course my services in that direction will not be required. Probably you have also sufficient evidence to convict Davis, Clay, et al., without the testimony--I should say evidence--I proposed to adduce, the witnesses I proposed to produce, and the facts that you could educe under my suggestion from certain disloyalists. If it is all so I am glad. But will you not be kind enough on receipt hereof to inform me by telegraph, directed to Fifth Avenue Hotel, whether or [not] I can be of further service to the Government? If I cannot be of further service I propose to go to Mexico, and my last day, if you do not desire more of me, in New York will be next Friday or Saturday.
I hope I can be of further service. I more than hope that I shall hear from you (by telegraph) before Saturday. If I do not I shall assume that I can be of no further service and act accordingly.
Your obedient servant,
P. S.--This is the fourth letter that I have written you without having received a reply. I do sincerely hope that I may receive an answer to this, if not to those that preceded it.
It will be observed that the writer speaks of this as he "fourth letter." If other than this and the previous one of 26th of July were written they did not reach me.
I laid the substance of the assurances contained in these letters before you, and probably read extracts from the letters to you, and asked that I might be authorized to send for Conover to come to Washington with a view to a conference with him and to his employment as an agent of the Government in the collection of the testimony, should it be deemed advisable to do so, which authority you gave me. I accordingly wrote to him and he came on to Washington, and after an interview with me I recommended to you that his proposition should be accepted and that he should be engaged as a Government agent to find and collect the testimony of the existence of which he professed to have knowledge. To this you assented and he was accordingly so employed. He then went to New York, taking with him transportation from that city to Washington for a Mr. McGill whom he represented to be an important witness. On the 14th of August he telegraphed me from New York that he had found McGill and would start the night of that day for Washington, of which telegram the following is a copy:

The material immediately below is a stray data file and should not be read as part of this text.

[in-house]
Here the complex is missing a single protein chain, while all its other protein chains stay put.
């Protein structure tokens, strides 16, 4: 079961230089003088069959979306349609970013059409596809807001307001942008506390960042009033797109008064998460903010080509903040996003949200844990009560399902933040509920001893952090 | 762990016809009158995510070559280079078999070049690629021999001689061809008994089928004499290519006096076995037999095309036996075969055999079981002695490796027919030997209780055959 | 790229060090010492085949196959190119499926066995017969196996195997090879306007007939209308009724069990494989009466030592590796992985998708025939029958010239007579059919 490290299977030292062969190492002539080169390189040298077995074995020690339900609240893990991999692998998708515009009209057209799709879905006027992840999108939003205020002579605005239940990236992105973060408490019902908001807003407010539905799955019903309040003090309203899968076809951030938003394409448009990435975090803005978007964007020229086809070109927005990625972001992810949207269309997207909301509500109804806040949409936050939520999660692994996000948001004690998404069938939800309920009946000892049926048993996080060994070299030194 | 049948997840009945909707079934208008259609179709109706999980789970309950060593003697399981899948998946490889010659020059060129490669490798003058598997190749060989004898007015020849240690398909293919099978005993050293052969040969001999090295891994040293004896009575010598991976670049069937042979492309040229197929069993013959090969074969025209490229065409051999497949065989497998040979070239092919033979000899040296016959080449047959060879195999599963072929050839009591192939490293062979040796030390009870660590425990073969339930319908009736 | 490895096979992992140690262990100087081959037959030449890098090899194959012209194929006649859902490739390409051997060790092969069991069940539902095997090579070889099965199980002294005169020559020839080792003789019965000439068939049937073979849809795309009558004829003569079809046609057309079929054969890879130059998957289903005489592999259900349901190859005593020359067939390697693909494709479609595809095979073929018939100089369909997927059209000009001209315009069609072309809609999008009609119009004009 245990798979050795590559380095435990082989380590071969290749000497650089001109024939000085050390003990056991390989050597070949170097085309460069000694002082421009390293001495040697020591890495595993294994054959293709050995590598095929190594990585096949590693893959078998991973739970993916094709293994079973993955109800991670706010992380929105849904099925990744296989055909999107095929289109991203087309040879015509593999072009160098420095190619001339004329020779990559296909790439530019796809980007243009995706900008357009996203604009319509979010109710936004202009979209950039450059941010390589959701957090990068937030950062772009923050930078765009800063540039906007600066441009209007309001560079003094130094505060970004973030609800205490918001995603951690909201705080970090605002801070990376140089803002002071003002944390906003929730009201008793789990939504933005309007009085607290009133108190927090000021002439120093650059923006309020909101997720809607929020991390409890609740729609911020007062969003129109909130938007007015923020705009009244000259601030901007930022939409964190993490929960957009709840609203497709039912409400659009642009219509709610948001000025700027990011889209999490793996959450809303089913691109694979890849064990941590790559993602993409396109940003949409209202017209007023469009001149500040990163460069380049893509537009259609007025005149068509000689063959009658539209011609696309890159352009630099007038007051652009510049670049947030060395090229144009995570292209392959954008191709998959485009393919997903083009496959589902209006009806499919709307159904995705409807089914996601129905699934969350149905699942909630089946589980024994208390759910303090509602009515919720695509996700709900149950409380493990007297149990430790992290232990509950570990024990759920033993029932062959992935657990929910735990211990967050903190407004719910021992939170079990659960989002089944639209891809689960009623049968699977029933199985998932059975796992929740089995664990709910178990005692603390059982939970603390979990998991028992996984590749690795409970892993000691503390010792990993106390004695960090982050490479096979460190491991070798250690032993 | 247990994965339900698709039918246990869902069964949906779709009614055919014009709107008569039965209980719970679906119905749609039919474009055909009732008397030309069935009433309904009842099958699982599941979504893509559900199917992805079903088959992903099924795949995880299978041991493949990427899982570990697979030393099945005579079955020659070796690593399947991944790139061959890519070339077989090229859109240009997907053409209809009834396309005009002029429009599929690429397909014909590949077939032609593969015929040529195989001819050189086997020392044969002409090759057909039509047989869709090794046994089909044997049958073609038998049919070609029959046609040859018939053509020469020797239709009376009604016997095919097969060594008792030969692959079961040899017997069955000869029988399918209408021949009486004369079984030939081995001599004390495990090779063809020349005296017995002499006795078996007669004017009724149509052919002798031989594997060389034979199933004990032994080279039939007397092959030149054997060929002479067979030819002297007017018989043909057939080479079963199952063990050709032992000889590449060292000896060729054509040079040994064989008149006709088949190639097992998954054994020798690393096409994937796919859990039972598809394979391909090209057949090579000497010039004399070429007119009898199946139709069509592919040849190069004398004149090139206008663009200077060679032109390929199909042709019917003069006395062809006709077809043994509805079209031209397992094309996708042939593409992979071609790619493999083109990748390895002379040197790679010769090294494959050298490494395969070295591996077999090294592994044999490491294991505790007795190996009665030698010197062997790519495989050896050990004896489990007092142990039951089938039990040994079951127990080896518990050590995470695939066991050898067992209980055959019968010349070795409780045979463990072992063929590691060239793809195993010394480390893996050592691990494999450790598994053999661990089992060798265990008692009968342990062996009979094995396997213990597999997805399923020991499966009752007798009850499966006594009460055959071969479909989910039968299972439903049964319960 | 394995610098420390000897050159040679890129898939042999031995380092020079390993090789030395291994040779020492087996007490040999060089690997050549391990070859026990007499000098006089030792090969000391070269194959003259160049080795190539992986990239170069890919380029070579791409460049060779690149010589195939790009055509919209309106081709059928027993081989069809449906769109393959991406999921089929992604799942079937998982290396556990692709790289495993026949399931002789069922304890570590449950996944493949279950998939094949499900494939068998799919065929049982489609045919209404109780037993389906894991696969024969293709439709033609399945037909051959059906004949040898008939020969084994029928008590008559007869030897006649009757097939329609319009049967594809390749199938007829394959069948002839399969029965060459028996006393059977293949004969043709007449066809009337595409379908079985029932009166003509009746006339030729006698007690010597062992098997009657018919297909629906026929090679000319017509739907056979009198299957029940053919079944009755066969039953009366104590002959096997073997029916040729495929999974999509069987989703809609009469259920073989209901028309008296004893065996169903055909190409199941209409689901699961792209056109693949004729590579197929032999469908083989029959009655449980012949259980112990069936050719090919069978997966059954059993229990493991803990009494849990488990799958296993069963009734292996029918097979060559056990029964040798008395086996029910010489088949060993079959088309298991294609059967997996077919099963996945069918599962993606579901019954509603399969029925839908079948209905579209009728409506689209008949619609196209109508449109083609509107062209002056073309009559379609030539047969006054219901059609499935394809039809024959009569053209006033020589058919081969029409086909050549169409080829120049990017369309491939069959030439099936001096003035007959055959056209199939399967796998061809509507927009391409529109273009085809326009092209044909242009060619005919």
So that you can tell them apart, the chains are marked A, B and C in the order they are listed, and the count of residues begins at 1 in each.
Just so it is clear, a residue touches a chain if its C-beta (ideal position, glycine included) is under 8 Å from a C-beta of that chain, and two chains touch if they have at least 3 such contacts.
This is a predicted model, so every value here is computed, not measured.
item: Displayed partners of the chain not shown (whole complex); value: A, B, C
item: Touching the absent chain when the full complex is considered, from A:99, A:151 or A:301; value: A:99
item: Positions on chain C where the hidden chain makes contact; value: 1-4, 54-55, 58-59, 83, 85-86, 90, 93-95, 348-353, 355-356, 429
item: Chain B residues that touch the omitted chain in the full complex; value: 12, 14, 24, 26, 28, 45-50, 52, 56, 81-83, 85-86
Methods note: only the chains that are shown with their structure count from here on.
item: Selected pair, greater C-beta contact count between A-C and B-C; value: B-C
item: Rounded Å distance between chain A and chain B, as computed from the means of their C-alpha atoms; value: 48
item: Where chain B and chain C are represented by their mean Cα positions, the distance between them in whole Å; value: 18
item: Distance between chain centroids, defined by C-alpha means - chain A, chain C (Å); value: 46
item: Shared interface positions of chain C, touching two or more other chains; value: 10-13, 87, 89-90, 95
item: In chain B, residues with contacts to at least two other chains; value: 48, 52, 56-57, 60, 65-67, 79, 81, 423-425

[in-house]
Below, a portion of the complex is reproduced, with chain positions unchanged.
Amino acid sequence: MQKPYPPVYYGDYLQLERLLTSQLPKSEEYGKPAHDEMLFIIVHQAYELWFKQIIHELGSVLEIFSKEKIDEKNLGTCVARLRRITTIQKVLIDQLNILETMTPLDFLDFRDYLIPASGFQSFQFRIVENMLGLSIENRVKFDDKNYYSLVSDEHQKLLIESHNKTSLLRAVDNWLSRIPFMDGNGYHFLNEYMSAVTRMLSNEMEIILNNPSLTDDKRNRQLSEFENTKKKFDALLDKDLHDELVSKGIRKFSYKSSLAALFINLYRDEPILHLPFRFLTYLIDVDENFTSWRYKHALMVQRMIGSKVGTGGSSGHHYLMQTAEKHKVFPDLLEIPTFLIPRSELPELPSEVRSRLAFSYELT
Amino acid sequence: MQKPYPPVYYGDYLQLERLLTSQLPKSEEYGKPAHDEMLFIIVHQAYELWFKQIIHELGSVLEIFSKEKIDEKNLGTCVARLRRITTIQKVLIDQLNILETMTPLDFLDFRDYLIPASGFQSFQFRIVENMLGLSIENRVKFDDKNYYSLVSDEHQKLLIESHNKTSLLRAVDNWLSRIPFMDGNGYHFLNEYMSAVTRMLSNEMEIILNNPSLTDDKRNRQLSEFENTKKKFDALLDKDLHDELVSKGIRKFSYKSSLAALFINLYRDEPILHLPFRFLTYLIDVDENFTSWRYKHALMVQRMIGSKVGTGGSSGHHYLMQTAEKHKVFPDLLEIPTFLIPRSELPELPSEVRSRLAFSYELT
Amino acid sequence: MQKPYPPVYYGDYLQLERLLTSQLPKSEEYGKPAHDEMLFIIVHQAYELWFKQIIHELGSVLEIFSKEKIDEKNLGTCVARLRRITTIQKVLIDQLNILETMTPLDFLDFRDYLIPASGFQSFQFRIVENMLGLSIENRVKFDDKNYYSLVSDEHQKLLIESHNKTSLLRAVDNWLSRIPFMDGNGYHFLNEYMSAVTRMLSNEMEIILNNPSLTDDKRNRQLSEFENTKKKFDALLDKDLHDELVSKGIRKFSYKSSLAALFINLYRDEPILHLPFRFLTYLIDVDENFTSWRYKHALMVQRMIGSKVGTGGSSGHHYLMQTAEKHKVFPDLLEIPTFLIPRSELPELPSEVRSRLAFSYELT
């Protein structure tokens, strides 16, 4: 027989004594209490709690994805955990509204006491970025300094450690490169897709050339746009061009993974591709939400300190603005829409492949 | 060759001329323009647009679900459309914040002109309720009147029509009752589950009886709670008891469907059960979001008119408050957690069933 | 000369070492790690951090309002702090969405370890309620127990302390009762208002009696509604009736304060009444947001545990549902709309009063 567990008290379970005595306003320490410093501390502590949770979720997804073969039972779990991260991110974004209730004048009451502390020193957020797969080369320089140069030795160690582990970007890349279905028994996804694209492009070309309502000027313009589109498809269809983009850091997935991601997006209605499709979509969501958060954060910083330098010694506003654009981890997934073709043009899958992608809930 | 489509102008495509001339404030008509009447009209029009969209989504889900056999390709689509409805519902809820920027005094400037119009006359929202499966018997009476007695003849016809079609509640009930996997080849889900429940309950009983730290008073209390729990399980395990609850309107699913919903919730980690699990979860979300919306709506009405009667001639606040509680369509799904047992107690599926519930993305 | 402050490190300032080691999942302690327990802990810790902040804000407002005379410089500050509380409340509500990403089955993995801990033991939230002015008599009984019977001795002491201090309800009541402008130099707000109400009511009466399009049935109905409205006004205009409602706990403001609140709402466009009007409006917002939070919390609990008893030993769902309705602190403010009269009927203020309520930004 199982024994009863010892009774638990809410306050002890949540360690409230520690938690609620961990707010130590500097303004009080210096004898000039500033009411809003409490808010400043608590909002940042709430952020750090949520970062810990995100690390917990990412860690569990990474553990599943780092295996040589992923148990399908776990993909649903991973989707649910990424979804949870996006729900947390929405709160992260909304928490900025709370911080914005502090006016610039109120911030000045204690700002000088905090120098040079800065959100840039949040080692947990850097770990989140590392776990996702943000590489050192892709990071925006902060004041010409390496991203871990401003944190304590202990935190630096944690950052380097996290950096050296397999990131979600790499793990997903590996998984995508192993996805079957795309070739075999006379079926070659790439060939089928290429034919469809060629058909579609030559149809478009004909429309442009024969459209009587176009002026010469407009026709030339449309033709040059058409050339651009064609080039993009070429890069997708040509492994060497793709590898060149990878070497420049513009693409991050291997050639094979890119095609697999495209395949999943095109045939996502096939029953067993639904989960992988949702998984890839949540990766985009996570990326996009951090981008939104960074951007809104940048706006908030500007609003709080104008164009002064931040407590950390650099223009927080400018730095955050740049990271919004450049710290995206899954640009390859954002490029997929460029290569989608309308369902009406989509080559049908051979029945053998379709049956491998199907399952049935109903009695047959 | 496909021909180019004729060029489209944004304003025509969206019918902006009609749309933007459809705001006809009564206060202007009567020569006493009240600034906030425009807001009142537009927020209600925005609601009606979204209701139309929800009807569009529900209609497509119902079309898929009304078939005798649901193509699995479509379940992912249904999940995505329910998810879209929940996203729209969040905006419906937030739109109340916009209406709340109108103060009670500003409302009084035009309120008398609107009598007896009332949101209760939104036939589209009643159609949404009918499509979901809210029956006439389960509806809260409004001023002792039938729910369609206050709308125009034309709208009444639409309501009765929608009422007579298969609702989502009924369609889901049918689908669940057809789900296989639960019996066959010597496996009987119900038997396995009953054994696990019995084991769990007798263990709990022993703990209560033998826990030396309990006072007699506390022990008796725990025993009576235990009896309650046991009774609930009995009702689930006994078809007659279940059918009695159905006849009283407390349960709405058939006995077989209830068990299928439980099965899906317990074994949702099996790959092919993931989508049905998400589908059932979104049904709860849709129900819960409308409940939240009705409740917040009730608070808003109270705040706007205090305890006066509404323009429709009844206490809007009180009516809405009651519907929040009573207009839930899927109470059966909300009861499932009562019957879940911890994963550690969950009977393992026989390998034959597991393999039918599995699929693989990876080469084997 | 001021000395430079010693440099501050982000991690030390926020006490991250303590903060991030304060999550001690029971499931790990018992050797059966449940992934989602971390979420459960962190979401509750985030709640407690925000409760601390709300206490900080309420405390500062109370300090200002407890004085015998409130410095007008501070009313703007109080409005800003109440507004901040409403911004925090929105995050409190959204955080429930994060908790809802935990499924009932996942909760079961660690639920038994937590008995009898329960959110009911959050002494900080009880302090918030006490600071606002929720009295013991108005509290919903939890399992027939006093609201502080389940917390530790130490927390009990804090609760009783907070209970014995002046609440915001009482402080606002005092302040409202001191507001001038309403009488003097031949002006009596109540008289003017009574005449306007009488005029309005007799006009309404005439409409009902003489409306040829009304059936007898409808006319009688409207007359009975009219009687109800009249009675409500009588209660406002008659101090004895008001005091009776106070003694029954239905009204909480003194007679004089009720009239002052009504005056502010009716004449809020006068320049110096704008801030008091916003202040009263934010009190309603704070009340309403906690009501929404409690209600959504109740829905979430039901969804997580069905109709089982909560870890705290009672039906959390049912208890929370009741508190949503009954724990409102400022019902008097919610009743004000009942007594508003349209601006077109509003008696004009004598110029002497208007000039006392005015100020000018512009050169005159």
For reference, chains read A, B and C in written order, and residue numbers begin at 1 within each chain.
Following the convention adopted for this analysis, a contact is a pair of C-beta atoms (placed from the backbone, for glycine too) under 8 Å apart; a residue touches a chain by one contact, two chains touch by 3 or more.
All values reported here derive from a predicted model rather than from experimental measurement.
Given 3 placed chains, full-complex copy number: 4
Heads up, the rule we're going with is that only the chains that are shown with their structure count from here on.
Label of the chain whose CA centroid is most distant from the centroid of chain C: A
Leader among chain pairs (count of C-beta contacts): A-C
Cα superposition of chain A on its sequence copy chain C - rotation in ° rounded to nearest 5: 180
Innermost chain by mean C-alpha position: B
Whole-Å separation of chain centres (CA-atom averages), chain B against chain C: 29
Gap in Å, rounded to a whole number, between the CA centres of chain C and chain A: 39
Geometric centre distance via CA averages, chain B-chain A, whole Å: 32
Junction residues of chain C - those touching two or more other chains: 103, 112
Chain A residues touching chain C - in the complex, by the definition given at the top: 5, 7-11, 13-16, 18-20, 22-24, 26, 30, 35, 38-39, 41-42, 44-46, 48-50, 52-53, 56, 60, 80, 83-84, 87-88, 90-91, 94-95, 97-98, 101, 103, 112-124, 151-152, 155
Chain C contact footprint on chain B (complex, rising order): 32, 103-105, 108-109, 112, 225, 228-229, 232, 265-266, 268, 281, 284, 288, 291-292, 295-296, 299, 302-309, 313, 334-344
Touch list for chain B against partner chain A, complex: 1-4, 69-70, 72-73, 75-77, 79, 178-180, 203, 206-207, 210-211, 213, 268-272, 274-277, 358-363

Brigadier-General HOLT, Judge-Advocate-General:
I have found McGill and start to-night; failed to find him in time to leave last evening.
18 Claremont avenue, Brooklyn.
Subsequently Conover and the witness who called himself John McGill arrived in Washington, and on the 17th of August the latter, under that name, gave his deposition before this Bureau. The striking character of his evidence confirmed the impression previously entertained of the ability of Conover to find the witnesses of whom he claimed to have information. He proceeded South without delay, with authority from me to make diligent search for the witnesses and to report from time to time the progress he was making. His first communication to me bore date Richmond, Va., August 24, 1865, and is as follows:
RICHMOND, August 24, 1865.
DEAR SIR: I have been in this city since Saturday, and although I have not succeeded in reaching any of the parties sought for I have received such information of the whereabouts of some of them as will enable me to find them. I shall not fail,